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Hooray, the bad hair months have come to an end! Hairdressers and barbers, closed since December to help stop the spread of the coronavirus, are reopening.
Stefan Sorce has brought along some sparkling rosé to mark the occasion. He's a regular at the hair salon "Nikos Friseure" and he's first in line when owner Nikos Kasapidis picks up the scissors again for the first time in two and half months. "It's an honor," says Sorce jovially as he walks into the shop in central Bonn.
Barbers and hairdressers nationwide have been closed in Germany since December 16, 2020. They were ordered to close by the authorities in their desperation to stem the tide of coronavirus infections. Two weeks ago, they breathed a sigh of relief when it was announced that they could open again on March 1. "The day they announced it we had something like 60 phone calls," said Kasapidis. He, his three employees and two apprentices are fully booked until the end of the month.
Stefan Sorce picked up the phone and called up "Nikos Friseure" to make an appointment as soon as he heard the news. It took less than half an hour to sort out his somewhat graying hair. "It's just a nice feeling," he says, adding that his wife had to help out with the hair trimmer during lockdown. For shop owner Kasapidis, cutting people's hair is like riding a bike: You don't forget how to do it. "I've been doing this for twelve years; two and a half months' break don't make that much difference. No problem," he says.
Kasapidis (30) opened his own salon at the young age of 26. He made the risky move of taking on two apprentices in August 2020, right in the middle of the crisis. Despite the fact that he has yet to see any of the government aid promised for January and February and had to forfeit his lucrative Christmas trade, Kasapidis remains optimistic, "Luckily, we have managed to get by," he says. Nevertheless, the situation forced him to put his staff on short-time work.
His staff are eagerly anxious to get back to business. "It's a bit like my first day at work," says hairdresser Melis Düzgün. "Getting closed down was strange. We had to drop everything all at once." Apprentice Joleen Märzhäuser adds: "I'm nervous because there are a lot of customers coming. But I'm also looking forward to it."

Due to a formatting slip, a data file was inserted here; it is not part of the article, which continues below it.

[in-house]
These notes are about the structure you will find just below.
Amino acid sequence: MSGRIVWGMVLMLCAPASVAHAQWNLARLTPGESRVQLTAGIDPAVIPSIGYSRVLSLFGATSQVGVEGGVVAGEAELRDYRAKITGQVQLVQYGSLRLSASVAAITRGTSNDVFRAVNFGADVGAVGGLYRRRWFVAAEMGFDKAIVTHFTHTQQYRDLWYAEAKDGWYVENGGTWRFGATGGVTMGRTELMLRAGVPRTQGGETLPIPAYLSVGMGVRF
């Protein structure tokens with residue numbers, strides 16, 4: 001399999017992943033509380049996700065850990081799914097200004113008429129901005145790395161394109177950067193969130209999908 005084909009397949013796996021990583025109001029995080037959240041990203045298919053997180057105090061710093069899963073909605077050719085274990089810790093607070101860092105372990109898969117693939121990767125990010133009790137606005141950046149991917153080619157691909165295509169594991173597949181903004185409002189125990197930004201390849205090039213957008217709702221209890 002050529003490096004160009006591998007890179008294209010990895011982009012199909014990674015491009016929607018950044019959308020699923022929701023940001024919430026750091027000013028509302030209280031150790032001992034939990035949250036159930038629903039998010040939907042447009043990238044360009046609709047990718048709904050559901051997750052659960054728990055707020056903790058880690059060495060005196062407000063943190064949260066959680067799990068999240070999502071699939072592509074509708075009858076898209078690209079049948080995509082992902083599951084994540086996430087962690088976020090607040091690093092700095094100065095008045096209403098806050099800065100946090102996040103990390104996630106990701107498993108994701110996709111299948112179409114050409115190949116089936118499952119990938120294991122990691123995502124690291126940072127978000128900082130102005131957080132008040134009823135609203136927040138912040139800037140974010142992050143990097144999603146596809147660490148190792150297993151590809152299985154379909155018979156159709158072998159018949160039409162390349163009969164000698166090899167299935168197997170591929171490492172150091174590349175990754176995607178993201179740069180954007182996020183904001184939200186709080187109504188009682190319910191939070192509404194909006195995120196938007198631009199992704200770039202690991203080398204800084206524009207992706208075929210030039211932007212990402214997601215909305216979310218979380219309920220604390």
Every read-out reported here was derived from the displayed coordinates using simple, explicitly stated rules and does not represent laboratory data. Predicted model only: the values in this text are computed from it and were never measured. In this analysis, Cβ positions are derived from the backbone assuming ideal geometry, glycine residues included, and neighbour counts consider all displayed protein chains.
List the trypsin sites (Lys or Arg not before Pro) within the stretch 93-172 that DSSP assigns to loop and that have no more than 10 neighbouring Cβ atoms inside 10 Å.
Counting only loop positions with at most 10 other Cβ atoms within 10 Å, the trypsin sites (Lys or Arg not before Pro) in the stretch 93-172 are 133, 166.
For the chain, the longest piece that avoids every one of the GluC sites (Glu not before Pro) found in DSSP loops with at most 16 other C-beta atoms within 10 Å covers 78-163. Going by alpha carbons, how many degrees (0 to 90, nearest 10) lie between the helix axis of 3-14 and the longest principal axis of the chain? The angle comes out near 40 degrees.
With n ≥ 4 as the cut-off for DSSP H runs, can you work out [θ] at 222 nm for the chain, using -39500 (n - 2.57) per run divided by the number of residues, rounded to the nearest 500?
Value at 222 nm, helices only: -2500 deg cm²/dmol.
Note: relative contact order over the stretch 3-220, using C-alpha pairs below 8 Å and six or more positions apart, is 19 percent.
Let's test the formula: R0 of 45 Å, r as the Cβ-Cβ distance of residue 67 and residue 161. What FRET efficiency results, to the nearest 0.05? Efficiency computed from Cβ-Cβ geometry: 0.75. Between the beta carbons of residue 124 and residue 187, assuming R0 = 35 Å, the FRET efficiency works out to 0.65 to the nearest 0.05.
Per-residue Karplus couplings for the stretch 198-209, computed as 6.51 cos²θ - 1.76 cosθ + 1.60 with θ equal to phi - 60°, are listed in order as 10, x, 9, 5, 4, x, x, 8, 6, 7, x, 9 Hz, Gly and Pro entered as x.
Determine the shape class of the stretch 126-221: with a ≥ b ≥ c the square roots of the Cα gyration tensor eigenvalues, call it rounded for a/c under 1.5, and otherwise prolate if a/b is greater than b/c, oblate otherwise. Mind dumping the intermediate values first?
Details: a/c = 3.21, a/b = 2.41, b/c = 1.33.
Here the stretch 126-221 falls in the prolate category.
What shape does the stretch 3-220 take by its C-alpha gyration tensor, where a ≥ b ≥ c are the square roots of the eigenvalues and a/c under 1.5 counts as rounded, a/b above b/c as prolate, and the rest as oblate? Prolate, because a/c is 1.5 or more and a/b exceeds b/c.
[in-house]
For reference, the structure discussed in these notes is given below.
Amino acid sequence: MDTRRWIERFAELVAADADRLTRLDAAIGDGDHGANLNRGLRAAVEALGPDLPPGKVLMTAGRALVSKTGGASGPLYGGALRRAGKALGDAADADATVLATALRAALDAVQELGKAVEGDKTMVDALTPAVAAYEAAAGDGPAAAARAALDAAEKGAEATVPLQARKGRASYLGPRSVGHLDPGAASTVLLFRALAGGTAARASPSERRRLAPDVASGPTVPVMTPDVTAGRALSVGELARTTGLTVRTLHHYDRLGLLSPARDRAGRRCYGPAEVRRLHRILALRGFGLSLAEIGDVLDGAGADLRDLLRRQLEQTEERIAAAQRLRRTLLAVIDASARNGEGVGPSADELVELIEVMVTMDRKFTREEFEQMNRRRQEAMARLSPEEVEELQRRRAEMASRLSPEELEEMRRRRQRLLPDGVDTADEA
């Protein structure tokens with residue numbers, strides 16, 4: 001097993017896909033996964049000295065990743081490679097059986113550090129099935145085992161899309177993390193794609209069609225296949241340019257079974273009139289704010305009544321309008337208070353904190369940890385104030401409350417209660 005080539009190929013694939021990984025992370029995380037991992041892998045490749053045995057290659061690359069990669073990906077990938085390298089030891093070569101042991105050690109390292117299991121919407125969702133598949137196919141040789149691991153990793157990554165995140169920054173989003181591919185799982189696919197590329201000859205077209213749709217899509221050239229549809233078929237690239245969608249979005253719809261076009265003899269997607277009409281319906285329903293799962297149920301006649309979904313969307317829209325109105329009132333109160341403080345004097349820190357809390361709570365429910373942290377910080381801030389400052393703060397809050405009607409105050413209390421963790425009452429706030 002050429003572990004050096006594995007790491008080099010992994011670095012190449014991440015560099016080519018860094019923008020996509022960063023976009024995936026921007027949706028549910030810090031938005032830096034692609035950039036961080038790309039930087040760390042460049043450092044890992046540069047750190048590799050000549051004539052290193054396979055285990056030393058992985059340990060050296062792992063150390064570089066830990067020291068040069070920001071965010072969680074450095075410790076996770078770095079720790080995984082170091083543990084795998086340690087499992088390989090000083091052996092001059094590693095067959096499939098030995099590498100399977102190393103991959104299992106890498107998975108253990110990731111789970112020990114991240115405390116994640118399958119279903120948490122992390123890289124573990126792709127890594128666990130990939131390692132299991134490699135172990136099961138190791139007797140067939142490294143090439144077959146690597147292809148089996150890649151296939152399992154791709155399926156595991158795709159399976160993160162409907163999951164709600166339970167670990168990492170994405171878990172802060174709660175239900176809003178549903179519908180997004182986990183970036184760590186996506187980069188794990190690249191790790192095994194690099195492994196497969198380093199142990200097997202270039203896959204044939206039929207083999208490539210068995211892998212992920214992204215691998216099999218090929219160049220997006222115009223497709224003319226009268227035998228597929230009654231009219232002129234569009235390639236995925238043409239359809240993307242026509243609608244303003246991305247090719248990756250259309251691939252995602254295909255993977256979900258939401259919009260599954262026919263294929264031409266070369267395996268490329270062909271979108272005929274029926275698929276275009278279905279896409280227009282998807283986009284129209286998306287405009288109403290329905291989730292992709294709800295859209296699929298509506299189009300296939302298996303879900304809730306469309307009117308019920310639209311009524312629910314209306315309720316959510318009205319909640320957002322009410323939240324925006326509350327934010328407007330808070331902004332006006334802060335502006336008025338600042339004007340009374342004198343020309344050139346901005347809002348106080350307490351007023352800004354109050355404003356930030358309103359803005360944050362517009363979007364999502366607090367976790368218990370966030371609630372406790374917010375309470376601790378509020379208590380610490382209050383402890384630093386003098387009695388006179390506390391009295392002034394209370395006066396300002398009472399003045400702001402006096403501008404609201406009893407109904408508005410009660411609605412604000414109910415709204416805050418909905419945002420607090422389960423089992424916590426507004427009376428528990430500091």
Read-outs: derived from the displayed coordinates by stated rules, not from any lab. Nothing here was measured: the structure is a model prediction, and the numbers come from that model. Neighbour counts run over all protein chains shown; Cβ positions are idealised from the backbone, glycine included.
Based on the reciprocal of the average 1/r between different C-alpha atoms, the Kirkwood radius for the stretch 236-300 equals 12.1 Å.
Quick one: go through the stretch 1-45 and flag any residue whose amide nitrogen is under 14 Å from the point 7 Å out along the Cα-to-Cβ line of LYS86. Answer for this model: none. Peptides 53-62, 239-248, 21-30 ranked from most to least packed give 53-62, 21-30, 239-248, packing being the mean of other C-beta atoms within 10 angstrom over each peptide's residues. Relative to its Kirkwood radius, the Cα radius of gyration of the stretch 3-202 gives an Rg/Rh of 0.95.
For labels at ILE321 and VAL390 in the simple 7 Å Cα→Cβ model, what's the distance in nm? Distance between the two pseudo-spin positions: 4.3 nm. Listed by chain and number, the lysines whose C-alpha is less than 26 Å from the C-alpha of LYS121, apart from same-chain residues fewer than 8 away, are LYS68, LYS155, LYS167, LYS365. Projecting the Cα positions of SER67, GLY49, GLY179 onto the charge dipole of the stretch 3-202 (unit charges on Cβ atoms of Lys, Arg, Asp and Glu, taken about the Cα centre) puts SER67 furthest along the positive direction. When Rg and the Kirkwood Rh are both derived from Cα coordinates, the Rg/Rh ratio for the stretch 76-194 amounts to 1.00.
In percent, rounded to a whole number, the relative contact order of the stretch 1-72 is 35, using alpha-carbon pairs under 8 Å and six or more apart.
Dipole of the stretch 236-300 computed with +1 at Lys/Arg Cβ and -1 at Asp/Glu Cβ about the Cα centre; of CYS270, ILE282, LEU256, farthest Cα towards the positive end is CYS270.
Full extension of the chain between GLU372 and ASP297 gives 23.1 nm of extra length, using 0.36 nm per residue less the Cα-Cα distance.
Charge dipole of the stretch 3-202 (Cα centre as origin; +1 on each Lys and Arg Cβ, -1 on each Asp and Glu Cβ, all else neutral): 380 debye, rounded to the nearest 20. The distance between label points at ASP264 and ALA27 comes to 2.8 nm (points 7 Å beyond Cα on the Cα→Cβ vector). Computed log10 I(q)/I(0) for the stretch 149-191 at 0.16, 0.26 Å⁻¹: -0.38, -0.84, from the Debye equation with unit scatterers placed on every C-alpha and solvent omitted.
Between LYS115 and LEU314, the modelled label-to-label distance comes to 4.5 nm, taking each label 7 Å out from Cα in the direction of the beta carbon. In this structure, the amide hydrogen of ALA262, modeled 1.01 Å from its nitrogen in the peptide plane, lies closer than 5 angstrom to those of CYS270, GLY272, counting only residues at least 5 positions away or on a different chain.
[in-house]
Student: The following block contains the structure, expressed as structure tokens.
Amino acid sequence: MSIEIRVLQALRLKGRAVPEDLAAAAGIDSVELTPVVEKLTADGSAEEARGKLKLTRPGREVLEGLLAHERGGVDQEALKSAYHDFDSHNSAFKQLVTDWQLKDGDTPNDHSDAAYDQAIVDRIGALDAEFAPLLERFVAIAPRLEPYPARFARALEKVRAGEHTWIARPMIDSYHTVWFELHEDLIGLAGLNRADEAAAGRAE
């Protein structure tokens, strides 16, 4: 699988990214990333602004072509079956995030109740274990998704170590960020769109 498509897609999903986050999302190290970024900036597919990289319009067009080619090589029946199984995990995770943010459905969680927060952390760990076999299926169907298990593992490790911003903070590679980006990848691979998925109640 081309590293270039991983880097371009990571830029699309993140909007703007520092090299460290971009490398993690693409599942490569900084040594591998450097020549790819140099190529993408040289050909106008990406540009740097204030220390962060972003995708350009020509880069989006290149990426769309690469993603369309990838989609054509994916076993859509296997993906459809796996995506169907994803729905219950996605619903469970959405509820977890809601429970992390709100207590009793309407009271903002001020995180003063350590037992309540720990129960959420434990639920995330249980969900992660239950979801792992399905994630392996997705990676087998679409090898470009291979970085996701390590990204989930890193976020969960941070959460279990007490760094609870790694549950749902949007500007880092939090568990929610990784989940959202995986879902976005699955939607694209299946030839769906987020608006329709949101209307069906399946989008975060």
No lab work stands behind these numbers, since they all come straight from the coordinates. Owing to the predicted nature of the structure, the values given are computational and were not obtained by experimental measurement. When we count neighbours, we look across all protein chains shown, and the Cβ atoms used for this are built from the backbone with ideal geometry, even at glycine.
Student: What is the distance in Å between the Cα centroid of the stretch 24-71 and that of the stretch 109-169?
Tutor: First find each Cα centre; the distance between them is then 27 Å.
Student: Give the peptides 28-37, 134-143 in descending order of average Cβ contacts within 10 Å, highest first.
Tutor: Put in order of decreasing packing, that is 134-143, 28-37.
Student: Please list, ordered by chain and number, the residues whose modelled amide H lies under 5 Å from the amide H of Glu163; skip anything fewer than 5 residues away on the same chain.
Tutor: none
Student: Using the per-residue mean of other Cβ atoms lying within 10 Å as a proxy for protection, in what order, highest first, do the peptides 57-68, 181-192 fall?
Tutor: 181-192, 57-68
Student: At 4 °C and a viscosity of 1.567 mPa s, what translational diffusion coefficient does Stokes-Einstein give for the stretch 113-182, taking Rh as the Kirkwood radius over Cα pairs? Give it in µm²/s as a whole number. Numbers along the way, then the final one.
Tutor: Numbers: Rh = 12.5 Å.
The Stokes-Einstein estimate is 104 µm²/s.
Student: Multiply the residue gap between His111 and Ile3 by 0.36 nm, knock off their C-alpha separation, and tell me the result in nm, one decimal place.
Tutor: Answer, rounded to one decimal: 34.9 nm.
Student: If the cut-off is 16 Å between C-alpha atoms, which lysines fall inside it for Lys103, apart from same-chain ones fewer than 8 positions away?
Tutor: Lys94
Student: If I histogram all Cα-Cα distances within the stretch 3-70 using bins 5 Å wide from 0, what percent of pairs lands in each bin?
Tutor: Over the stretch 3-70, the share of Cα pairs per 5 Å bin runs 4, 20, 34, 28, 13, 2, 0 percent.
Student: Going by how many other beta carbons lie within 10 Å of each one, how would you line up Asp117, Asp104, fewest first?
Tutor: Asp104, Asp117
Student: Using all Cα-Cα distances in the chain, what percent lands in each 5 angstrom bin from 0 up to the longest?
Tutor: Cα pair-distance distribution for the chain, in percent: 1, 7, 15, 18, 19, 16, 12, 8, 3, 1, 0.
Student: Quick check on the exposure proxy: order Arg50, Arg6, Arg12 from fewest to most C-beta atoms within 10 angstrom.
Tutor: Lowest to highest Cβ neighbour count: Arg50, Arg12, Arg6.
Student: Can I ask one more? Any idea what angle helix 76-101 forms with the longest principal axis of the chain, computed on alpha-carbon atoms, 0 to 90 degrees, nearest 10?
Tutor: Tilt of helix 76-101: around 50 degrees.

There is no sign of panic in the salon, though. Kasapidis takes it all in stride. Though, some hairdressers around Germany were offering appointments from midnight onwards, Kasapidis did not see the point. "We'll have enough work in the coming weeks," says Kasapedis, who has brought along some fruit for his staff to keep their energy levels up.
He expects to be in the shop 70 hours a week in the immediate future." I can't ask my staff to do that but I will be here from 8 am until 8 pm." It's important to look after the regulars. He has an online appointment service but not all the regulars are willing to use it." They get in touch by phone and I can't just tell them that there are no appointments left," he explains.
Kasapidis had two weeks to get his shop up to speed for the reopening. He says he welcomed the extra time to prepare compared to the first lockdown and reopening last spring. Back then, he and his colleagues were only told a few days before they were allowed to reopen. And some of the measures he introduced back then are still good to go. The salon is big enough to allow for proper distancing and the staff wear masks all the time. Kasapidis has merely added an extra pane of Plexiglas between the basins for hair-washing. "And we open the windows on a regular basis, " he adds.
"Nikos Friseure" has always been by appointment only and that's helpful now, because and his employees have to keep close track of all their customers so that they can trace infections if necessary.
The appointment list filled up quickly, with nearly all slots taken. Within an hour, Kasapidis is on his third customer. His colleague, Anastasia, welcomes the first female customer of the day. Anna has been working in the Russian consulate for two years but hasn't mastered German yet. But that's not a problem for Kasapidis, either. Half Russian, half Greek, he does the simultaneous translation. Anna tells us that she hasn't been to the hairdressers since November. Asked whether she was looking forward to her appointment, Anna cries out and claps her hands.
"No need for a translation there," laughs Kasapidis.
This article has been translated from German.